Apple has announced that its new operating system and Apple productivity suite will be free. So where does this leave Microsoft?
Apple's special event left many underwhelmed. A series of leaks and the unrelenting gaze of the blogosphere meant that there were very few surprises on offer. The iPad Mini got a Retina display, a new thinner iPad was launched, there were some minor modifications made to the MacBook Pro line-up and the newest operating system was launched. All fairly run-of-the-mill stuff.
However, there was one announcement that will have made market watchers look up from whatever it was they were doing; OS X Mavericks and iWork are now free.
This move was a no-holds-barred attack on Microsoft's business model, which still generates a significant proportion of its revenue from software sales.
With Windows 8 retailing at around £50 and MS Office at around £100, Apple's new strategy has firmly put the ball in Microsoft's court and how it responds remains to be seen.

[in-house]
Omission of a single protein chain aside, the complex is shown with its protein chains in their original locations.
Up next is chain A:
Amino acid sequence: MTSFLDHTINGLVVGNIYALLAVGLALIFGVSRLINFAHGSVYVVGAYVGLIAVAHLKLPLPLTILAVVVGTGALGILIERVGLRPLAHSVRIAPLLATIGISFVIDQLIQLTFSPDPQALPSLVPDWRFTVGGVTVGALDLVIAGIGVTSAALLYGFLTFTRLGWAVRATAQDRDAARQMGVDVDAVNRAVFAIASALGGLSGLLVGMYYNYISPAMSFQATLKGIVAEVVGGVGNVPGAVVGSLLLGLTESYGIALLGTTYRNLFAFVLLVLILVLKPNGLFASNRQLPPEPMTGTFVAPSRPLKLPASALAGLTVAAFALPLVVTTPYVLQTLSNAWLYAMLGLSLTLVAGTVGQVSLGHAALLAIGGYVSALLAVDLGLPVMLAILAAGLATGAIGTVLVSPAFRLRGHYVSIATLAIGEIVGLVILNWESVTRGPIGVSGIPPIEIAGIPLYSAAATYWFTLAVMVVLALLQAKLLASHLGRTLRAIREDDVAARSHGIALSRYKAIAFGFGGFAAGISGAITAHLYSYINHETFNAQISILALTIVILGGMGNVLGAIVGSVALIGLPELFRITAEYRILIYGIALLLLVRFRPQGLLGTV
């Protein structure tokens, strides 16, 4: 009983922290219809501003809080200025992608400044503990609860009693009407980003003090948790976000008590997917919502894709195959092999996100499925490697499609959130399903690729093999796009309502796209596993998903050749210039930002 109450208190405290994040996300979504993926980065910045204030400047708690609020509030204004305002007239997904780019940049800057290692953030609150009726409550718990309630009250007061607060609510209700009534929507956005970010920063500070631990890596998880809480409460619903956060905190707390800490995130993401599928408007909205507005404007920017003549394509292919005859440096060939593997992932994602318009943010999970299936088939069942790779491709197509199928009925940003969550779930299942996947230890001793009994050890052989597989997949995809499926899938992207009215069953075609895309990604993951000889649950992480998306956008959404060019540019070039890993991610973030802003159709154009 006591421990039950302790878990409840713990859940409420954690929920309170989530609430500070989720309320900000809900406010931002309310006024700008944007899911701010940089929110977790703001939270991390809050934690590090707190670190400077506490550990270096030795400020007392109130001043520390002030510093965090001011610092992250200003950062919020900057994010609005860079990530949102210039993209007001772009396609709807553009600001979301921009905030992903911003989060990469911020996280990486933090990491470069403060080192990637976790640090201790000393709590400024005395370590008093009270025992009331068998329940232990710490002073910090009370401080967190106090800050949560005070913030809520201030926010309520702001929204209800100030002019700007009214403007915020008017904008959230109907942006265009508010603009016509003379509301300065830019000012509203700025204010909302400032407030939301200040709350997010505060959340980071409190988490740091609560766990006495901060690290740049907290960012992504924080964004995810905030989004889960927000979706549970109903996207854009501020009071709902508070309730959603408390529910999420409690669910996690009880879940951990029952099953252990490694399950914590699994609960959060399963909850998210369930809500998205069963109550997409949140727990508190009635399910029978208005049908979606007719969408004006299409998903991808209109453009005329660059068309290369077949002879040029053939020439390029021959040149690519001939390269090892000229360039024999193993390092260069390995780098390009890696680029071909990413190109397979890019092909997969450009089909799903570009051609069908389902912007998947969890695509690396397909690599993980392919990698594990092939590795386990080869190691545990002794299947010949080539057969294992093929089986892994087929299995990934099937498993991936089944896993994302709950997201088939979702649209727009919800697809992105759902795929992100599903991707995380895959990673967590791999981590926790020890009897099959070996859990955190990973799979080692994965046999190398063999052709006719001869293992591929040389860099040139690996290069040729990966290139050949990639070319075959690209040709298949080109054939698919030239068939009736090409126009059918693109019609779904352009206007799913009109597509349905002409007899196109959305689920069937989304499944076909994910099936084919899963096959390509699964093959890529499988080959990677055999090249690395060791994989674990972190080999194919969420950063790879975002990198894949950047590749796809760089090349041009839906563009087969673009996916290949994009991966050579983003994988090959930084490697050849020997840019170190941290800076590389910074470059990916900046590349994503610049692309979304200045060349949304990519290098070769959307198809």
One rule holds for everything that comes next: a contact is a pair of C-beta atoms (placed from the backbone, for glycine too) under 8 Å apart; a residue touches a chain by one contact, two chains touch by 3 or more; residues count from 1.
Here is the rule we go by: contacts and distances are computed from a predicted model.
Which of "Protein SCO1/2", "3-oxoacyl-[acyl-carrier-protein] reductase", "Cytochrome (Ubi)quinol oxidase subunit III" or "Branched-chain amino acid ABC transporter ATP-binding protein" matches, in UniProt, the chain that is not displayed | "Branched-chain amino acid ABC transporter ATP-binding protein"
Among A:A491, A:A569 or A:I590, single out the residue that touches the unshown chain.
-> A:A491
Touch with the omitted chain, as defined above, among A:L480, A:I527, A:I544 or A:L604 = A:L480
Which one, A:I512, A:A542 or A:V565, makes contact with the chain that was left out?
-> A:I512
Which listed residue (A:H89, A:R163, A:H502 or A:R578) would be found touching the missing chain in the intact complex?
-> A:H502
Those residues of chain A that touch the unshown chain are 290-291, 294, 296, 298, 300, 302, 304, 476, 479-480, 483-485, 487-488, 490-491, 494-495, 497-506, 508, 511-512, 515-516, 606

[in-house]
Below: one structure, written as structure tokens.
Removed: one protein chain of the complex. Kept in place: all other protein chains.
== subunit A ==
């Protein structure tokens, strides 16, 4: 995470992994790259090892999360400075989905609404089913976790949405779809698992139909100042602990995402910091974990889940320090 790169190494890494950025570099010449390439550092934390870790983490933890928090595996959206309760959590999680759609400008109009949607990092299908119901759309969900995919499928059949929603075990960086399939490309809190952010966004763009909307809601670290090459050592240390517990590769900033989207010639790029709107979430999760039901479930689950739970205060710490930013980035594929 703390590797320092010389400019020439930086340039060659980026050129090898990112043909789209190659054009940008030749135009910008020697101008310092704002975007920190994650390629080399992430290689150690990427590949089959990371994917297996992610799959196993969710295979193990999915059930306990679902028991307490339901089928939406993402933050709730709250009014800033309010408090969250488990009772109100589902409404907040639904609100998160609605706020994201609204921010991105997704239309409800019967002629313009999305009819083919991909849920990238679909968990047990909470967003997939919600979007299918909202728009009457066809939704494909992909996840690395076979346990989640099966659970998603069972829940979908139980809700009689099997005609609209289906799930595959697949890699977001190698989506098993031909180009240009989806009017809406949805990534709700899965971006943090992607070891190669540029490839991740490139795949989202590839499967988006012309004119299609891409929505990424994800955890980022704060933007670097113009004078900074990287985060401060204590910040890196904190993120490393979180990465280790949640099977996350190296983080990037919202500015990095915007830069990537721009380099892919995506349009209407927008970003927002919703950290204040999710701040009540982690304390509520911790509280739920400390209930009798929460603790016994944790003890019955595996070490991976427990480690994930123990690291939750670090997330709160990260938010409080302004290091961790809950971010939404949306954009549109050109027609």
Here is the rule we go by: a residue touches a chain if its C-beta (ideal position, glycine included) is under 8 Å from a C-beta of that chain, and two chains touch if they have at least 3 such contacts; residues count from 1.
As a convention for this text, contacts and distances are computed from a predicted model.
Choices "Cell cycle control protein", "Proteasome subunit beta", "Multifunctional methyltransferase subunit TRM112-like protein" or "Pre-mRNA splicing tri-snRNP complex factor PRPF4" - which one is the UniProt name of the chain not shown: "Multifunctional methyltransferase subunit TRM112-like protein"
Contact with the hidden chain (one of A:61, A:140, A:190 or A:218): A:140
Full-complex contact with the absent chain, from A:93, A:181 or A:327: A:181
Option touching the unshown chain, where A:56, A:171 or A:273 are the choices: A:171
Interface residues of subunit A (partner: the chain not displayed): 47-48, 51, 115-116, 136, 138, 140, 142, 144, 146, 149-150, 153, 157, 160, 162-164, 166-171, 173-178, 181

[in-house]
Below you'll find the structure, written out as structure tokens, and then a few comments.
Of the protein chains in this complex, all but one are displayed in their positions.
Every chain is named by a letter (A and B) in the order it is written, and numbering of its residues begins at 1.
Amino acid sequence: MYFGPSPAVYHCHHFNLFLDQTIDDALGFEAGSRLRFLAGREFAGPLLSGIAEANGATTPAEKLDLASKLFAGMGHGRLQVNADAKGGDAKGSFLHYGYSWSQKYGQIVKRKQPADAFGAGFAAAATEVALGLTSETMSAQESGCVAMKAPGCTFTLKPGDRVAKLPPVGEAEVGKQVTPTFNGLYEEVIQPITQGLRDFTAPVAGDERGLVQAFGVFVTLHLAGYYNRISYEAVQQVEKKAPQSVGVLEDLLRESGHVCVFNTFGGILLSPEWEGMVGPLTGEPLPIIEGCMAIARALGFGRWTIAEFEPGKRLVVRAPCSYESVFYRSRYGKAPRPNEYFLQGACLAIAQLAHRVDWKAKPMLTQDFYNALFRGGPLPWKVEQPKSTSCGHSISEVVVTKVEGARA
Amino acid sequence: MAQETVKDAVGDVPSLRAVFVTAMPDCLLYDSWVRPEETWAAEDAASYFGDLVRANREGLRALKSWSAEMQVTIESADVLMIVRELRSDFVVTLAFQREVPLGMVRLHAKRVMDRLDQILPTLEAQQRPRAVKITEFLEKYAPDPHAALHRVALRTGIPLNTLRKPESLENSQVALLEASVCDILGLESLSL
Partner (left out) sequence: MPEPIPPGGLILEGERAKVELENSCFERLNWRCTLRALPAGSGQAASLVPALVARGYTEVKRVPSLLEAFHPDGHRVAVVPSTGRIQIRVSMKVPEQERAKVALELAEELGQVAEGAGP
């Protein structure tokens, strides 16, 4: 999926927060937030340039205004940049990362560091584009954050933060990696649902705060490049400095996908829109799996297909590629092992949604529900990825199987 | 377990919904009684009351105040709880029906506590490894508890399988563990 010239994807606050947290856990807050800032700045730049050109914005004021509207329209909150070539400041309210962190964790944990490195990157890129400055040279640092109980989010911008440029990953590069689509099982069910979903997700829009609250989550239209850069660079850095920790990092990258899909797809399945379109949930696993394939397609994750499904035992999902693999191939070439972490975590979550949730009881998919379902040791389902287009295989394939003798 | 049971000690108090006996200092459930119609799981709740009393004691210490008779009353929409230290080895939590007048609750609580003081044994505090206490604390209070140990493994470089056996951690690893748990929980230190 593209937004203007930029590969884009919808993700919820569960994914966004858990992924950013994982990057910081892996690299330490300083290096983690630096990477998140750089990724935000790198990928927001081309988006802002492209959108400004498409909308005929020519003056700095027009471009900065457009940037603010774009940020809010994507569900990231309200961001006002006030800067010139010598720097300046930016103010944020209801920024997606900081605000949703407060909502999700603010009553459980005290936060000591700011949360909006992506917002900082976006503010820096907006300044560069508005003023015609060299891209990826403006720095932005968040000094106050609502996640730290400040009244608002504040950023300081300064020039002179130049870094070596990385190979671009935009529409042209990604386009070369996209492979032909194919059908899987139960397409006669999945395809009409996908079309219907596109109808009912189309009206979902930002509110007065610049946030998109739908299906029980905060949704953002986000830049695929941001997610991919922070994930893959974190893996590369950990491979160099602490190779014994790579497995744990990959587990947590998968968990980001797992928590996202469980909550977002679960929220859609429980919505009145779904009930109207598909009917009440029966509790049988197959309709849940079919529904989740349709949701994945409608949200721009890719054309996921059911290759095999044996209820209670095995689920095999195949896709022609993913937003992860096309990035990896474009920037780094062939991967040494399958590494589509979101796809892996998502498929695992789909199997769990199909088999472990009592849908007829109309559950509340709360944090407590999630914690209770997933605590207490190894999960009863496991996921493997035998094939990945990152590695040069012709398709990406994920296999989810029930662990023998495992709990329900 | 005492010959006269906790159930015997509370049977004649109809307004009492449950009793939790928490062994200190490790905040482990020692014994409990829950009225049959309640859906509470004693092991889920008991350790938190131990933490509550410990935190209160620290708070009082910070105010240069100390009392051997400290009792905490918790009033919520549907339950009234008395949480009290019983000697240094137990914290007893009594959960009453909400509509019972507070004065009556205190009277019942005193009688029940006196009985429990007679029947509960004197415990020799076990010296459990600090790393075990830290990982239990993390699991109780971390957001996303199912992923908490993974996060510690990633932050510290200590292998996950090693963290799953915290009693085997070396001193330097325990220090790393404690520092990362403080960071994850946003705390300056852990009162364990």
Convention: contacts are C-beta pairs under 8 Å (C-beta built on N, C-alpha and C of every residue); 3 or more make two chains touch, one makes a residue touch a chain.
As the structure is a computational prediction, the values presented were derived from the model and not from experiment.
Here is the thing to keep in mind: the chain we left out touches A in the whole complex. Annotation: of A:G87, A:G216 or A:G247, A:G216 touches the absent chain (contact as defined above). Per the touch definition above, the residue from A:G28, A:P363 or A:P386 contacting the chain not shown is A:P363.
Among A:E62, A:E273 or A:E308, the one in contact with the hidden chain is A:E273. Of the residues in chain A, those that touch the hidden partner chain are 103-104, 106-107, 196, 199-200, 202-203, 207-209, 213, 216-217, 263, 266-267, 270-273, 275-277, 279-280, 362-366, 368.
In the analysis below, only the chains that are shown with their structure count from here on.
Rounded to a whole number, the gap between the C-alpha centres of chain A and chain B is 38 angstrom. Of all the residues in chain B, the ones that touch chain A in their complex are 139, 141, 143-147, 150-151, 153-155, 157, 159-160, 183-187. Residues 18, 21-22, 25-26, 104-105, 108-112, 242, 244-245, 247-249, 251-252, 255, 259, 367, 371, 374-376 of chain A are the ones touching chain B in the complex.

Frank Shaw, VP of communications at Microsoft went on the counter-offensive by saying that comparing iWork to Office was a stretch of the imagination.
He poked fun at the event saying that the RDF (Reality Distortion Field) had extended beyond Cupertino.
He went on to point out that the Surface came with Office, what he called 'the gold standard in productivity software' and said that Apple's lightweight software was simply playing catch-up.
Shaw does have a point; Microsoft Office is still the go to application suite in terms of productivity and when it comes to the enterprise, Apple's iWork does not hold a candle to Office.
While there is now a certain amount of pressure on Microsoft to bring their pricing strategy in line with Apple, the fact is that people will always pay for superior software, which Microsoft Office is.